St. Simons Island Lighthouse Museum – St. Simons, GA
Year: 1999
Amount:
Grant: National Award for Museum Service
St. Simon’s Island Lighthouse Museum developed an outstanding county-wide Heritage Education Program. Utilizing all the historic sites and museums in the area, the program assists students in their examination of their community’s history as it relates to them. A week-long workshop for 25 teachers is provided each summer in which they learn hands-on activities that engage and excite children about the history that surrounds them. A comprehensive Heritage Resource Guide developed by museum staff is provided to each teacher and placed in each school throughout the district. Now in its sixth year, the curriculum-based educational initiative is used in every school in Glynn County, Georgia, reaching over 11,000 students and serving a 38% ethnic minority constituency.

Belknap Mill Society – Laconia, NH
Year: 1998
Amount:
Grant: National Award for Museum Service
The Belknap Mill Society is credited with saving the oldest unaltered brick textile mill in the U.S. Equally impressive, the Belknap Mill Society has cultivated a network of partnerships to provide year-round community service, help rehabilitate downtown Laconia, and bring an appreciation of the arts and humanities to the townspeople. The Society is revitalizing its downtown by serving as a meeting place for businesses and families, coordinating publicity with local merchants, participating in city events, and drawing new audiences into the city. The Society led the way in creating a new park, which serves as a venue for concerts and walking tours. Using the park as a catalyst for further downtown revitalization, the Society has positioned itself as a leader in the business and cultural community and has changed Laconia. Citizens take pride in their heritage and work together to create a common vision for the future.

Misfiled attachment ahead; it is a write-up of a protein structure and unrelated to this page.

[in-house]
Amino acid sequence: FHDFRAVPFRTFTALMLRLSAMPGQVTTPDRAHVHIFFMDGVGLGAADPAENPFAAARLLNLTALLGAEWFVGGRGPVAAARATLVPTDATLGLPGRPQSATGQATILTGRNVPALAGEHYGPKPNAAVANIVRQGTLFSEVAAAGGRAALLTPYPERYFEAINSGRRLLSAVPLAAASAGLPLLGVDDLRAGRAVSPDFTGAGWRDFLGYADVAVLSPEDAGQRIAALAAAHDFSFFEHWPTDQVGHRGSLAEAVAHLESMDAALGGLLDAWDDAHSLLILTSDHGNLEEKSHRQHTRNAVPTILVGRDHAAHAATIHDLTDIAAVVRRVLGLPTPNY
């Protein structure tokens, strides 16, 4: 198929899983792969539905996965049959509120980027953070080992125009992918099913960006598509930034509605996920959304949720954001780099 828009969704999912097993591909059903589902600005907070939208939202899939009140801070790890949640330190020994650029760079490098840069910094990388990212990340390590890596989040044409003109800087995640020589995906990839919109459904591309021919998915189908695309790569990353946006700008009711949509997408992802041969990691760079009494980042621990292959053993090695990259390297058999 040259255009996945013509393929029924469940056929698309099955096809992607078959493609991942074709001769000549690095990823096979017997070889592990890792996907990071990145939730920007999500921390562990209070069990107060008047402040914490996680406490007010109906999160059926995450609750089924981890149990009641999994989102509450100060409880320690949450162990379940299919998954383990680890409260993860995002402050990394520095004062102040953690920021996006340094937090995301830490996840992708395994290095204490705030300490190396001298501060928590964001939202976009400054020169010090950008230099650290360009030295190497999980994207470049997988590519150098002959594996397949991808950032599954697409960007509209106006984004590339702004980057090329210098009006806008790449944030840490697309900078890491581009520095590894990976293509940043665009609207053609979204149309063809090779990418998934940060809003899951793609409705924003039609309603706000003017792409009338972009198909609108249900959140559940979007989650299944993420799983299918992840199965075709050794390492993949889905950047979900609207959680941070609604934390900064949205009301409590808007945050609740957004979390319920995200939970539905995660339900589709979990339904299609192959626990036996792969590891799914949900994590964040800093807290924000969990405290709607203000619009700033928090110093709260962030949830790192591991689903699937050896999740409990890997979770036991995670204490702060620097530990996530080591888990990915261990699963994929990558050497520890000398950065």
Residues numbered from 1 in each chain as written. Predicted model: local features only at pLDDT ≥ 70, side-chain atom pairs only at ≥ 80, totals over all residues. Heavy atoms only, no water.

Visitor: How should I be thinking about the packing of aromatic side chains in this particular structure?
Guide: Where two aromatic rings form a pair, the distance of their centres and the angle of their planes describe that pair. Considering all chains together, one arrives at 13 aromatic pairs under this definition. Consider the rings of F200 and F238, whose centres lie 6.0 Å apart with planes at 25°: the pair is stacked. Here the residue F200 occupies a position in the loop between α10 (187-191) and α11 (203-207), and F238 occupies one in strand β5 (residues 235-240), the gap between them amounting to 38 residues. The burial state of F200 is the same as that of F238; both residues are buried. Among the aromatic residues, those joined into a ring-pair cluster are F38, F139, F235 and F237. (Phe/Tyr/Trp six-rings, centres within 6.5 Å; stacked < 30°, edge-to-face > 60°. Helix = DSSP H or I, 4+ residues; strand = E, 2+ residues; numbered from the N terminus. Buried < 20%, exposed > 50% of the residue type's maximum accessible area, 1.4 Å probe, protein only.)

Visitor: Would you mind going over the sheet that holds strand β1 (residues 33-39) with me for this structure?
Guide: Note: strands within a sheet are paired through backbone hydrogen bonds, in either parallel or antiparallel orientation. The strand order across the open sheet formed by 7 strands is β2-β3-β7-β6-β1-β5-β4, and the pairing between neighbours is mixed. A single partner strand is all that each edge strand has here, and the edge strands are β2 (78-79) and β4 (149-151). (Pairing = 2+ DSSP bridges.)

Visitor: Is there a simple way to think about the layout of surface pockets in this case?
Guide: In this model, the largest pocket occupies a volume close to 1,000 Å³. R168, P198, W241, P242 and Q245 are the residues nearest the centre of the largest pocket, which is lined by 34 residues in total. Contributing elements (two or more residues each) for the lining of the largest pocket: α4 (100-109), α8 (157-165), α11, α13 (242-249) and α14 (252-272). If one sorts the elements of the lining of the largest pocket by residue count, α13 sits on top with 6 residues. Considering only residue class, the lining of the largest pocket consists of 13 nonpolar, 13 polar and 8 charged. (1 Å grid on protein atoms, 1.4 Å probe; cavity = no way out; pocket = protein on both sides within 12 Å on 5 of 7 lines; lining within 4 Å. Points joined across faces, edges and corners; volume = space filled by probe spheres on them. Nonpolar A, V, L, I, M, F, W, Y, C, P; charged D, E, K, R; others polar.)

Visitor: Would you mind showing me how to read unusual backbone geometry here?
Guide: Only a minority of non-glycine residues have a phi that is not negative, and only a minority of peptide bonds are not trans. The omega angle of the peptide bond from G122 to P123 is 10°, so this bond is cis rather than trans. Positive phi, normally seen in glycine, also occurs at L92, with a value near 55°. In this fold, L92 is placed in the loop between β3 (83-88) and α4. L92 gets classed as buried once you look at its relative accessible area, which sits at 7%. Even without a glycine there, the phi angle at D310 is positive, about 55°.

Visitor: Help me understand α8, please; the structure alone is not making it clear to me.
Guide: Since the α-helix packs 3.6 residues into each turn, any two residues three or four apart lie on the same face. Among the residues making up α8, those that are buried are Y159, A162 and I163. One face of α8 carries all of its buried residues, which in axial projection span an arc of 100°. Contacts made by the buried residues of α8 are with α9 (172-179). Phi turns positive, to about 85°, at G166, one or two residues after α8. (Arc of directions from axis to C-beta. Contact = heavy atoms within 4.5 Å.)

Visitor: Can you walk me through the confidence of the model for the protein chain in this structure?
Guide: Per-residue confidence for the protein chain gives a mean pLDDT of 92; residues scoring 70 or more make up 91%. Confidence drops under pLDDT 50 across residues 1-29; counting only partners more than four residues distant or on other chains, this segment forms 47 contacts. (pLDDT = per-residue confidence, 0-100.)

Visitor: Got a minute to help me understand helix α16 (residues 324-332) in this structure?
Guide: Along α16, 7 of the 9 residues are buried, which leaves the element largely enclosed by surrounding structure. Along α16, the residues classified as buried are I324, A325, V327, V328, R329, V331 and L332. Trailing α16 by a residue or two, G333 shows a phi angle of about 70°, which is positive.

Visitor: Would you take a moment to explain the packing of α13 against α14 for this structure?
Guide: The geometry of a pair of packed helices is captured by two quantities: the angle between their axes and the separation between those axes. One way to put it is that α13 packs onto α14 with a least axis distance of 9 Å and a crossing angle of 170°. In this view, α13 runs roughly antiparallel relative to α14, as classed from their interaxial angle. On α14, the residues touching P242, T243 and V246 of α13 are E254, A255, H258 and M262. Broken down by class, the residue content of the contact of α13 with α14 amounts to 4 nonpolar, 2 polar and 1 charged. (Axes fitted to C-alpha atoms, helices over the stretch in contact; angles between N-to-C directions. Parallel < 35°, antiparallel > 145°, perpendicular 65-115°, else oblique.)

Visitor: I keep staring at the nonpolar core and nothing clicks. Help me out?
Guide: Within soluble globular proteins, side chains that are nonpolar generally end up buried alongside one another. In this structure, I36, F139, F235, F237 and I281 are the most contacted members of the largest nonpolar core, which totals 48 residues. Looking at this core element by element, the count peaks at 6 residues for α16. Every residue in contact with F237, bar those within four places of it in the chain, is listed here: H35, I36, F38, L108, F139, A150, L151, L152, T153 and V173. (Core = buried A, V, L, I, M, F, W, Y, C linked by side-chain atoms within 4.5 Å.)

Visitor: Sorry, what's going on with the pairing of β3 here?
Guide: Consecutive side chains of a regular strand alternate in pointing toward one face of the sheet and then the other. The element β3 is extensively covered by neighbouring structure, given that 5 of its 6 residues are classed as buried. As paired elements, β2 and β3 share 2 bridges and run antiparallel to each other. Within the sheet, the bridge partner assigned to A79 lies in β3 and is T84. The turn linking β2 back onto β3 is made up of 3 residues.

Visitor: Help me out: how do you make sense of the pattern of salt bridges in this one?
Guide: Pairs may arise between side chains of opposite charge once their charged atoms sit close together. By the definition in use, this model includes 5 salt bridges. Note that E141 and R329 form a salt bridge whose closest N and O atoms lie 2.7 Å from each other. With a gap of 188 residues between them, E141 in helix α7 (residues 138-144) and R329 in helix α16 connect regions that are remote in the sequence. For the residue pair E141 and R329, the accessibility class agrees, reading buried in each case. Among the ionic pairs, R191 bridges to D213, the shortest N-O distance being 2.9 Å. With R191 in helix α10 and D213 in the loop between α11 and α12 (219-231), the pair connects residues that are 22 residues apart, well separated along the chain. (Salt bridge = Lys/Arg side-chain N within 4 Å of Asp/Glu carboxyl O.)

Henry Ford Museum & Greenfield Village – Dearborn, MI
Year: 1998
Amount:
Grant: National Award for Museum Service
The Henry Ford Museum & Greenfield Village has developed the Youth Mentorship Program, a small yet intense program targeting twelve at-risk students and families with a combination of job training, community service and mentoring. Through the program, students not only learn valuable job and communication skills, but also gain self-confidence and self-esteem and are ready to give something back to the community. The twelve students commit four hours each day, Monday through Thursday, to working in the Museum. On Friday, students learn from their service projects, which have included work with the local Head Start program, research into domestic abuse in the area, and an exploration of the needs of homeless shelters. Sixty museum staff members volunteer twelve hours a week to teach job skills and mentor the students. A local community resource center provides counseling, parenting classes and other assistance to the students and families. Results have been impressive–student attendance

New Jersey Historical Society – Newark, NJ
Year: 1998
Amount:
Grant: National Award for Museum Service